Violence in and around schools and other educational settings is one of the most significant barriers to achieving gender equality in and through education, and seriously undermines efforts to achieve SDG4 and SDG5 of Agenda 2030. This panel will comprise a dialogue between key stakeholders currently working on multi-level partnership initiatives to eliminate school-related gender-based violence(SRGBV). More than 246 million children experience gender-based violence in or around schools annually. This is a violation of their human rights, and a form of gender-discrimination that has far-reaching physical, psychological and educational consequences. Panelists will share experiences of supporting teachers, school leaders, students and communities to take action to end SRGBV. (Photo: Hedwig de la Fuente)
- Across the globe, the school environment is not safe and secure.
- Girls are dropping out of school in many developing countries because they do not feel safe.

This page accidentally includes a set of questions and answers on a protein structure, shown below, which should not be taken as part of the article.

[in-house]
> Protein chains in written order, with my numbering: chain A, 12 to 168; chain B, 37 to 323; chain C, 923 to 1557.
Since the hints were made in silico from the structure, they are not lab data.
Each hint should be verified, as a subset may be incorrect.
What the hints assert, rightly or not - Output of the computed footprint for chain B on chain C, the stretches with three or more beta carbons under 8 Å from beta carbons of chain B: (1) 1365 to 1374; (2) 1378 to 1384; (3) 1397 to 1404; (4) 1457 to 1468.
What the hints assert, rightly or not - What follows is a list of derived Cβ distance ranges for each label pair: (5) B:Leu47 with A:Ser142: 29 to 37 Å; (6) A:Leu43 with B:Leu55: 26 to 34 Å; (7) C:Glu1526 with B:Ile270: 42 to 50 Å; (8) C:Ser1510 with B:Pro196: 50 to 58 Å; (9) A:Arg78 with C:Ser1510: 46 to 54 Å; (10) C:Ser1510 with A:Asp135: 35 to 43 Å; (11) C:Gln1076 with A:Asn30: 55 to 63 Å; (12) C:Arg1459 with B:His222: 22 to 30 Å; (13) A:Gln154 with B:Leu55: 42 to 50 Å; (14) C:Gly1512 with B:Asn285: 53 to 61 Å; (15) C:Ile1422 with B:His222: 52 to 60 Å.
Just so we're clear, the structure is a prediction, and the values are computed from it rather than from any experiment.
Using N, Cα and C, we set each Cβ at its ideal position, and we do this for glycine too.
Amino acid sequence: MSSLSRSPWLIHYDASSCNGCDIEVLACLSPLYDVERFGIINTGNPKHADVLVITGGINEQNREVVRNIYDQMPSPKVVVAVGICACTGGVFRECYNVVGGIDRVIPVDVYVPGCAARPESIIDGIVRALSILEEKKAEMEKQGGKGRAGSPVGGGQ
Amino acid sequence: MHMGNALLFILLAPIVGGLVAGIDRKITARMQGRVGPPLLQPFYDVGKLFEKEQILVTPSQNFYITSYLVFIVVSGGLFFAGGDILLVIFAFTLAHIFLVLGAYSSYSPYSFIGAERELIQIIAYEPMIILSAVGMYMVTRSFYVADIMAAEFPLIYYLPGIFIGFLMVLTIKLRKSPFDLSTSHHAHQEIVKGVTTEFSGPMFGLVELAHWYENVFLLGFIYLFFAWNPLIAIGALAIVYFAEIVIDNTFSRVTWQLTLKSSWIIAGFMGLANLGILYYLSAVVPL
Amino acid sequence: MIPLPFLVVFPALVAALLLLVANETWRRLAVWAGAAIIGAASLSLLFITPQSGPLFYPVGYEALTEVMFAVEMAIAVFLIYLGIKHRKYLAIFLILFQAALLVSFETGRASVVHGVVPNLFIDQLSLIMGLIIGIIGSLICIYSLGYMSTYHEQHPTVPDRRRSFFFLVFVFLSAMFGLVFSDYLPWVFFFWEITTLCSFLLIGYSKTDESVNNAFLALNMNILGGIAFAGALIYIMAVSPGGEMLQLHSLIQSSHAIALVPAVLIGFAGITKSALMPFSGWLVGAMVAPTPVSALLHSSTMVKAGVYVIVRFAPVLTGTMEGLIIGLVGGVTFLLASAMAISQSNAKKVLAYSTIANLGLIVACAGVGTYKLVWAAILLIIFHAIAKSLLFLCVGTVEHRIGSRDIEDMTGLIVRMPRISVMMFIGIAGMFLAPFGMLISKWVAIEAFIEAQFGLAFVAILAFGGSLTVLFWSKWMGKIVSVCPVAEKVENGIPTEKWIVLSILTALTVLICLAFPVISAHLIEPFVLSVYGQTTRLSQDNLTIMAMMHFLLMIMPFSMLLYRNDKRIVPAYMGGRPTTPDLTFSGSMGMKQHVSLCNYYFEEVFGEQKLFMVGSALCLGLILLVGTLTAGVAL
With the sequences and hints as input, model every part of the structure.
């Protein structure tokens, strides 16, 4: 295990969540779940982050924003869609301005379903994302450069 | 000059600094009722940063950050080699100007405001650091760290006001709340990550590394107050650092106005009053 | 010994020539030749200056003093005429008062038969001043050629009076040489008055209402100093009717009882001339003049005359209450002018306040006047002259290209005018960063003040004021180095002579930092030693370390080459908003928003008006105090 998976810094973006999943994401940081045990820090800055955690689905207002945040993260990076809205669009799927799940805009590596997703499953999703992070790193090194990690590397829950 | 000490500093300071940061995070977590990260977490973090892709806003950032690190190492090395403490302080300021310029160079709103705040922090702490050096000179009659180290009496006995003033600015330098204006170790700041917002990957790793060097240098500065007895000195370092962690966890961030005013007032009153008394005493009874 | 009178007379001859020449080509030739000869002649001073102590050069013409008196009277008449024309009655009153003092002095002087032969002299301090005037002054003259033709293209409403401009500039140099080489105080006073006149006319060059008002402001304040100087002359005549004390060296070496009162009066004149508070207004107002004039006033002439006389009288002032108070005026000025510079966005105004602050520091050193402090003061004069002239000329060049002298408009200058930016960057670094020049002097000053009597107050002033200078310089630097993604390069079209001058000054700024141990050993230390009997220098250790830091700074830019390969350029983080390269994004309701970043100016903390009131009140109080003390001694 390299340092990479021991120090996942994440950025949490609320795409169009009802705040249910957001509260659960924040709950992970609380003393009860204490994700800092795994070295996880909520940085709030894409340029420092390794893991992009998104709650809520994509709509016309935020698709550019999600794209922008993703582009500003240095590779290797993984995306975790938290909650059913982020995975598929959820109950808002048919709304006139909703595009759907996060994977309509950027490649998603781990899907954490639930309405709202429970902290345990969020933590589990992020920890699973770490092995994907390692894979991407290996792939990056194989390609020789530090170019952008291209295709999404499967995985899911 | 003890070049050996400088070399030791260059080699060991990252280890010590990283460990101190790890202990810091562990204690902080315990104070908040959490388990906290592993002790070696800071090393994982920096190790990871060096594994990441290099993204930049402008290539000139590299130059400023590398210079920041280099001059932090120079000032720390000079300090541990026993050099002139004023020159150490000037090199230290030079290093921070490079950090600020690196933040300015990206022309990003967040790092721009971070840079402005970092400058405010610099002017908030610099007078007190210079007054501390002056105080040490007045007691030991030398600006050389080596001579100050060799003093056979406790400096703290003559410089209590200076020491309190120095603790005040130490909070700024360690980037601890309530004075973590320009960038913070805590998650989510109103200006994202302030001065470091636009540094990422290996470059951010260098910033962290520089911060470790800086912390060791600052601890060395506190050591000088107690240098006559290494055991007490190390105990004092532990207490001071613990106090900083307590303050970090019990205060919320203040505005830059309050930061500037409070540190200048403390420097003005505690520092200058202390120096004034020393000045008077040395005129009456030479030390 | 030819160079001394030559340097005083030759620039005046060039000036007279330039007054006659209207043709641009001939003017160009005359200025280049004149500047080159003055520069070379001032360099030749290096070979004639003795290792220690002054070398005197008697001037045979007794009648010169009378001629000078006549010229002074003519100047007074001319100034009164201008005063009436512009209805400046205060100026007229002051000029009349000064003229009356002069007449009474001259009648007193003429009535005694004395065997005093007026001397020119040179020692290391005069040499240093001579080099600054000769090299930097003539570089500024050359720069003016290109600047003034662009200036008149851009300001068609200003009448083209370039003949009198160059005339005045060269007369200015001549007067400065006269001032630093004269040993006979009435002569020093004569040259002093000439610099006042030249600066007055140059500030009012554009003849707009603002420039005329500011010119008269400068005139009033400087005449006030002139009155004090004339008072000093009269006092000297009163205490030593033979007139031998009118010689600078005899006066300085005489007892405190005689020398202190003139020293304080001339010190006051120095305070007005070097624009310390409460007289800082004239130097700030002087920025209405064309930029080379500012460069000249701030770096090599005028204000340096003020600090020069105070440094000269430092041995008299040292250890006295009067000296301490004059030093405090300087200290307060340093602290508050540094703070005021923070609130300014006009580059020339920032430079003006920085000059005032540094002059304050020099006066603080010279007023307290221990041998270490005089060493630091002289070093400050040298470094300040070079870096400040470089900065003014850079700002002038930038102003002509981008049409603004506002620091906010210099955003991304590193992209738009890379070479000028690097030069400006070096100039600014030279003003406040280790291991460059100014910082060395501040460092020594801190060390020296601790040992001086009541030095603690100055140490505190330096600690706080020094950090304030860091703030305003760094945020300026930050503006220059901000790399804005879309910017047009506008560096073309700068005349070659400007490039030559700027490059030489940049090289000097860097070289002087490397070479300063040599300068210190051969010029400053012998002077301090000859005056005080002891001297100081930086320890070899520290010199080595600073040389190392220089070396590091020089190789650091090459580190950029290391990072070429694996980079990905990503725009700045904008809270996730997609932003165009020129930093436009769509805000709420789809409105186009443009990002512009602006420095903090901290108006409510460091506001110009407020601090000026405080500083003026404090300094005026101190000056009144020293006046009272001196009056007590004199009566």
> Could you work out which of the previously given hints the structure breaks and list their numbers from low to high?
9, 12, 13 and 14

- The silence on sexual abuse by students and teachers taking place in schools around the world needs to be broken.
- One option to improve the situation would be to link aid money to more efficient policies.
- A more holistic approach that involves everyone is needed.
School-related, gender-based violence poses a direct threat to schoolchildren, particularly teenage girls, preventing them from realising their full potential. Victims of such violence are unable to concentrate, which leads to poor learning, feeling unsafe and a lack of interest in attending school with girls dropping out. According to a 2017 report by UNESCO, 130 million girls around the world do not go to school for various reasons, with sexual abuse being one of them.
Girls (and also to a lesser extent boys) can be victims of sexual abuse on the way to school, at school by other students and teachers, and via Internet. The issue needs to be discussed more broadly, involving a wide range of stakeholders, including men and boys. It must include the development of laws and policies, prevention of violence before it happens and access to a package of essential services for victims. Comprehensive data collection and research would also be a big help in what is an under-reported issue.
The taboo about discussing gender-based violence in schools is massive. We all need to be committed to breaking the silence and the media in particular has a big role to play in achieving this. NGOs and governments should also do more to involve the media.